Mechanics and Construction    Performance    top

 

Rear, Zeiss 25mm f/2 Distagon

Rear, Canon version, Zeiss 25mm f/2 Distagon ZE. enlarge.

This is a dense, tough all-metal lens.

 

Hood

Anodized aluminum, spring-loaded locking bayonet.

 

Filter Threads and Hood Bayonet Receiver

Chromed metal.

 

Barrel Exterior

Anodized aluminum.

 

Focus Ring

Anodized aluminum.

 

Focus Helicoids

Could be brass.

 

Depth-of-Field Scale

Yes!

 

Internals

Metal.

 

Mount

Dull-chromed brass.

 

Markings

Engraved and filled with paint, as God Himself intended.

 

Identity

Engraved inside filter threads on front of lens.

 

Serial Number

Engraved on front ring.

 

Dust seal at mount

No.

 

Noises when shaken

Just a very little clicking, in Canon mount.

You're more likely to accidentally throw it while shaking it than you are to hear anything significant rattling, at least in Canon EF mount that uses electronic control for the diaphragm.

 

Made in

Japan.

You want Made in Germany? It would cost $4,700 for exactly the same lens.

 

Weaknesses

Easy-to-drop slippery metal.

Your hands will stick to it in freezing weather.

 

Sharpness       performance     top

Lens sharpness doesn't matter much, but it sure distracts amateurs who confuse lens sharpness with picture sharpness.

This Zeiss 25 2 is much better than Canon's ultrawide zooms or the EF 28mm f/1.8 USM.

This Zeiss is a little less contrasty in the center at f/2, getting better at f/2.8 and optimum by f/4.

The corners on full-frame are soft at f/2 and f/2.8, get better at f/4 and f/5.6, and are sharp by f/8.

 

Sunstars       performance     top

The straight 9-bladed diaphragm should beget marvelous 18-pointed sunstars.

 

Compared         top

Intro   Specs   Performance   Compared   Recommendations

Compared

Zeiss 25mm f/2, Canon 28mm f/1.8, Canon 17-40mm f/4, and Canon 16-35mm f/2.8 II. bigger.

This Zeiss is much better optically than Canon's ultrawide and 28mm f/1.8 USM offerings. I have not compared it to Canon's 24/3.5 TS-E II, which is a very different kind of lens.

No, this Zeiss lens is nowhere near as good as LEICA's lenses as shot on the LEICA M9. The LEICA lenses don't get soft in the corners or distort as all these retrofocus SLR lenses do. This Zeiss just gets less soft than Canon's own lenses.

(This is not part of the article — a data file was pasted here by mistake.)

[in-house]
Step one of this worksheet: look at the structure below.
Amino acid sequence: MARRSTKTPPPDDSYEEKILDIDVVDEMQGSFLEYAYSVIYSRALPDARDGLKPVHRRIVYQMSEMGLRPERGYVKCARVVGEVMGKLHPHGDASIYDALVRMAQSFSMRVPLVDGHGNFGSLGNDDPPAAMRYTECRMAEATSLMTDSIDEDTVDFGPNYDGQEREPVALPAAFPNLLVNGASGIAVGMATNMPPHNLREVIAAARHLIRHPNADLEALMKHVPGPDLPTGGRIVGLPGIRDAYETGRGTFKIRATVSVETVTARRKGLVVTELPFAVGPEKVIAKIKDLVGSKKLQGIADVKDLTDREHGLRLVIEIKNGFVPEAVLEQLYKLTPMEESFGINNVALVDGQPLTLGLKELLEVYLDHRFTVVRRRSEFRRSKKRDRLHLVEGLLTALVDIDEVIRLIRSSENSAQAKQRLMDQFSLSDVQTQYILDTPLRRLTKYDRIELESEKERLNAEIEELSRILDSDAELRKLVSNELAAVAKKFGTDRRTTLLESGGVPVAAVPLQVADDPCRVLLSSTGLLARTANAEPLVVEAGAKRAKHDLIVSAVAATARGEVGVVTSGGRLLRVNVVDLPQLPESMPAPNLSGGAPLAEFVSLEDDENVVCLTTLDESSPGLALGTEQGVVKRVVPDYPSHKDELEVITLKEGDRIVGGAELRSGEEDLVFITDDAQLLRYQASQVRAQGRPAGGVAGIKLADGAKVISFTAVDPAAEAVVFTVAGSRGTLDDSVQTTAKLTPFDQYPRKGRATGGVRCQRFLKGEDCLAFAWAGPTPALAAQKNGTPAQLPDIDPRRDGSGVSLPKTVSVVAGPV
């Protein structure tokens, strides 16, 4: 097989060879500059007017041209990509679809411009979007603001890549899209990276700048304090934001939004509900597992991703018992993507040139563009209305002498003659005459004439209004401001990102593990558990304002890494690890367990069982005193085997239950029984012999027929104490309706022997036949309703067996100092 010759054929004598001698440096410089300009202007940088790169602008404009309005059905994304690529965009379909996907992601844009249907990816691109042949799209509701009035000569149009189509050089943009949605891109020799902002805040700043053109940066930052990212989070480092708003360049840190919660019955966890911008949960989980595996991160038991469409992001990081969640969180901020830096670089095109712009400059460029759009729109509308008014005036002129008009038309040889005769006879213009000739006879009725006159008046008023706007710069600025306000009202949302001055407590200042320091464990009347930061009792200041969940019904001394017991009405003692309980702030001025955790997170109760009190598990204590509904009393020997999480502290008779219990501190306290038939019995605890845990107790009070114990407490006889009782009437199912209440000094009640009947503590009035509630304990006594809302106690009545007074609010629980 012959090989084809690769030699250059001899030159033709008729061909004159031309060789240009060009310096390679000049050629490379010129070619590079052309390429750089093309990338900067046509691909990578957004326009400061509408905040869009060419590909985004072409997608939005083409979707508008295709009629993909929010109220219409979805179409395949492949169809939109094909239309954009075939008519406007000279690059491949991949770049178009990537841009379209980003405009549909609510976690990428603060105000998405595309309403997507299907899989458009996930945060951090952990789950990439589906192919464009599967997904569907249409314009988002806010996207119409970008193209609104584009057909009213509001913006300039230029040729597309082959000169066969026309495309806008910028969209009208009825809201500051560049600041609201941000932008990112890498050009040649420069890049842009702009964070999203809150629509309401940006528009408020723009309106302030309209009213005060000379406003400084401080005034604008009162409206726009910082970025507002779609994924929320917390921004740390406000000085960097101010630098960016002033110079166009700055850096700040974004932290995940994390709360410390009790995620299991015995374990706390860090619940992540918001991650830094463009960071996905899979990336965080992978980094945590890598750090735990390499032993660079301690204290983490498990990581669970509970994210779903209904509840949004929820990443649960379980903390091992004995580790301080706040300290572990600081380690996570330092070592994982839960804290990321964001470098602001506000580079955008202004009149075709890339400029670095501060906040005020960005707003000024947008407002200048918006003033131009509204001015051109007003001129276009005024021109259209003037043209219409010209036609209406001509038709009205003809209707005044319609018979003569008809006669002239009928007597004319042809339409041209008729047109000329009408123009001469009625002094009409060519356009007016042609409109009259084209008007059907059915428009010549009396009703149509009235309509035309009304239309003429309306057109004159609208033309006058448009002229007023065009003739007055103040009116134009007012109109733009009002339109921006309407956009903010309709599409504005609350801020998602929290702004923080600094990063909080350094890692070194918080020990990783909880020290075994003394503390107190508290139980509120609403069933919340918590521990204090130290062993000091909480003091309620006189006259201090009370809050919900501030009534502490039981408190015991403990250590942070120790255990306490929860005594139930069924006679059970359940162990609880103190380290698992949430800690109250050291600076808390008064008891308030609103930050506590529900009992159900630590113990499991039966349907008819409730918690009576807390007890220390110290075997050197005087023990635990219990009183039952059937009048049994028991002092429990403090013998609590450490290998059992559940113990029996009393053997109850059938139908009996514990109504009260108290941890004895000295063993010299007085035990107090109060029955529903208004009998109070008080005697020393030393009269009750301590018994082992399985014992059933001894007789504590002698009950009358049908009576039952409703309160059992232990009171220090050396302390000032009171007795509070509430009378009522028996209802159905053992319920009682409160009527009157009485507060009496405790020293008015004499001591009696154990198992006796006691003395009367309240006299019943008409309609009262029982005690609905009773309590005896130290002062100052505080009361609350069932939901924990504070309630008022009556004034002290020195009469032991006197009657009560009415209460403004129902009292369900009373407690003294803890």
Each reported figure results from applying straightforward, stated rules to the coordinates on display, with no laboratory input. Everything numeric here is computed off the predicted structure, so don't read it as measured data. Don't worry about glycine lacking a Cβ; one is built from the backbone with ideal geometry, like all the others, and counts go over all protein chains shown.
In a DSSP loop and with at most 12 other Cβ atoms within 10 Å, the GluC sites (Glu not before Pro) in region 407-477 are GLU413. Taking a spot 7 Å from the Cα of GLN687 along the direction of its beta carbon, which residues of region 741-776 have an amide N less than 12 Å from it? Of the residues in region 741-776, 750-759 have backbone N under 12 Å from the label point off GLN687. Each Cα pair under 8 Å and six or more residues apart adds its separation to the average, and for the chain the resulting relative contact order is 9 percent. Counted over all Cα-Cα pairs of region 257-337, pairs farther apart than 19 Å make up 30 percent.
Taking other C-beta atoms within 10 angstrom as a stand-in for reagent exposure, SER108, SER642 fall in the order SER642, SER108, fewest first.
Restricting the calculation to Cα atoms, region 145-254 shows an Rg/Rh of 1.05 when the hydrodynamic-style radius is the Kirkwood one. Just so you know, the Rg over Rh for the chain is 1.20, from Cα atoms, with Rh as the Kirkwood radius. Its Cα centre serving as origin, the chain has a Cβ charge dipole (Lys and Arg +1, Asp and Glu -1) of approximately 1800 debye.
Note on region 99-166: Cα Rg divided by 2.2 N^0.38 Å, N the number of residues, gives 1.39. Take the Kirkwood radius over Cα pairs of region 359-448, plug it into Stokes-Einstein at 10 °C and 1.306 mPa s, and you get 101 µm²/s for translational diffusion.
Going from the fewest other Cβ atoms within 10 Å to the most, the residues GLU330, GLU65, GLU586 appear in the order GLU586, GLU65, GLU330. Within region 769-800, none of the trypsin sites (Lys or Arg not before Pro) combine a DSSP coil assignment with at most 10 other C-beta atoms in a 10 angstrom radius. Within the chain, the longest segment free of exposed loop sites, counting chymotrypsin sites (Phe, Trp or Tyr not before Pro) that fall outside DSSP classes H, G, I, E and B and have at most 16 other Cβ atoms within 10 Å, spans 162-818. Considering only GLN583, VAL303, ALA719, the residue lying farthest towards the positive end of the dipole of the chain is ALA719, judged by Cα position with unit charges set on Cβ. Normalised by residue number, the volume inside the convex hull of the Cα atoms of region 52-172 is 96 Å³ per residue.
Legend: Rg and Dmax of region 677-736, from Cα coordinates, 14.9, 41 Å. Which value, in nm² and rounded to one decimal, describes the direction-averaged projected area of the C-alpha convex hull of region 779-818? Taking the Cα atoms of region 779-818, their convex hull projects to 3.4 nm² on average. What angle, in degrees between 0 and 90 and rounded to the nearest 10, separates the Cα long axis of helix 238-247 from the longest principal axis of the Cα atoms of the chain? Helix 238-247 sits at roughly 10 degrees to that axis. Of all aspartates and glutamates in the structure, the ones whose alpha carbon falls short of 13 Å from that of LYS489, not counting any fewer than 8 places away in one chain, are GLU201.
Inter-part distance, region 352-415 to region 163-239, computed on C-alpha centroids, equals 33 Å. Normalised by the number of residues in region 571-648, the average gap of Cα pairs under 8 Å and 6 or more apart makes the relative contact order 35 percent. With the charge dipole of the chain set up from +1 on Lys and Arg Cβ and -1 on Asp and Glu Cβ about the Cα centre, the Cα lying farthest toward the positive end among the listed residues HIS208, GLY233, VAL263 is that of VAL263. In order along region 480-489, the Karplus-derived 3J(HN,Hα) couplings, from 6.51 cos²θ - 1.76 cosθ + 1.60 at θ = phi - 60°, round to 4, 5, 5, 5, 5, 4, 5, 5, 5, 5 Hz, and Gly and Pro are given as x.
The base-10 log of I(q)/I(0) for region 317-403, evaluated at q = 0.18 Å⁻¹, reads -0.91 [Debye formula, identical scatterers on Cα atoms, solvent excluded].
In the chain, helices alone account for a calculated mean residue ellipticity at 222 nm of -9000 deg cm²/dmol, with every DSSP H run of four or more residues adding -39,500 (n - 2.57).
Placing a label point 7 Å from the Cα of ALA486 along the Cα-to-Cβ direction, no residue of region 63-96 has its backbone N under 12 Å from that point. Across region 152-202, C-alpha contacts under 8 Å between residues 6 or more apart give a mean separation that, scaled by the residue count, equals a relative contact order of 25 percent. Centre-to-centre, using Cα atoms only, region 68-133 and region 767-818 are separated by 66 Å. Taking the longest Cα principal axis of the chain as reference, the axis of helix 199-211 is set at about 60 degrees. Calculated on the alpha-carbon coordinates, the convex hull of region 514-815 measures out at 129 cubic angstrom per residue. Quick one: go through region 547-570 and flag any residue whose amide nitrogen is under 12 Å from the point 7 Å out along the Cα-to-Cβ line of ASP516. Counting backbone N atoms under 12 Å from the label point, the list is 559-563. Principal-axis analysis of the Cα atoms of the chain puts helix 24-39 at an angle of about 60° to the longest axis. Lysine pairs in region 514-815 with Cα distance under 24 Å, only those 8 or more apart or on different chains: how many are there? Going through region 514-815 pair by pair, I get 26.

This Zeiss is superior mechanically to Nikon and Canon lenses.

Since it's manual-focus-only, this Zeiss is much less convenient than any of Nikon's or Canon's AF lenses.

This Zeiss 25/2 is much smaller and more convenient than the behemoth Zeiss 21mm f/2.8.

I have not compared it to the Canon 24mm f/1.4; I didn't have one handy for a head-to-head comparison as I did these other lenses.

 
Anni
2011-
1995-
2003-
2007-
Maximum Aperture
f/2
f/1.8
f/4
f/2.8
Filter Size
67mm
58mm
77mm
82mm
Filter Threads
Metal
plastic
plastic
Metal
Length
74mm
56mm
97mm
112mm
Sharpness
excellent
good
good
good
Diaphragm Blades
9
7
7
7
Sunstars
18 points
14 points
14 points
14 points
Focus
manual
USM
USM
USM
Instant manual-focus override?
Yes
Yes
Yes
Yes
AF/MF switch
none
slide switch
slide switch
slide switch
Weight
605g
310g
474g
634g
Made in
Japan
Japan
Japan
Japan
Price, 12/2011

 

Recommendations         top

Intro   Specs   Performance   Compared   Recommendations

This Zeiss lens is for people who want the best image quality on their full-frame Canon cameras, and don't worry about having to focus manually.

You tripod, HDR and pan-stitching guys are going to love this lens. It's reasonably priced, and smaller than any of the comparable zooms.

For Nikon, Nikon's 16-35mm is much slower, but about as sharp, so I wouldn't go gaga over this lens unless you're doing astronomy and need the fast f/2 speed. This Zeiss lens is worlds better at f/2 than Nikon's own 24mm f/2, but not as good as Nikon's 24mm f/1.4.

 

Help me help you         top

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Thanks for reading!

 

 

Mr. & Mrs. Ken Rockwell, Ryan and Katie.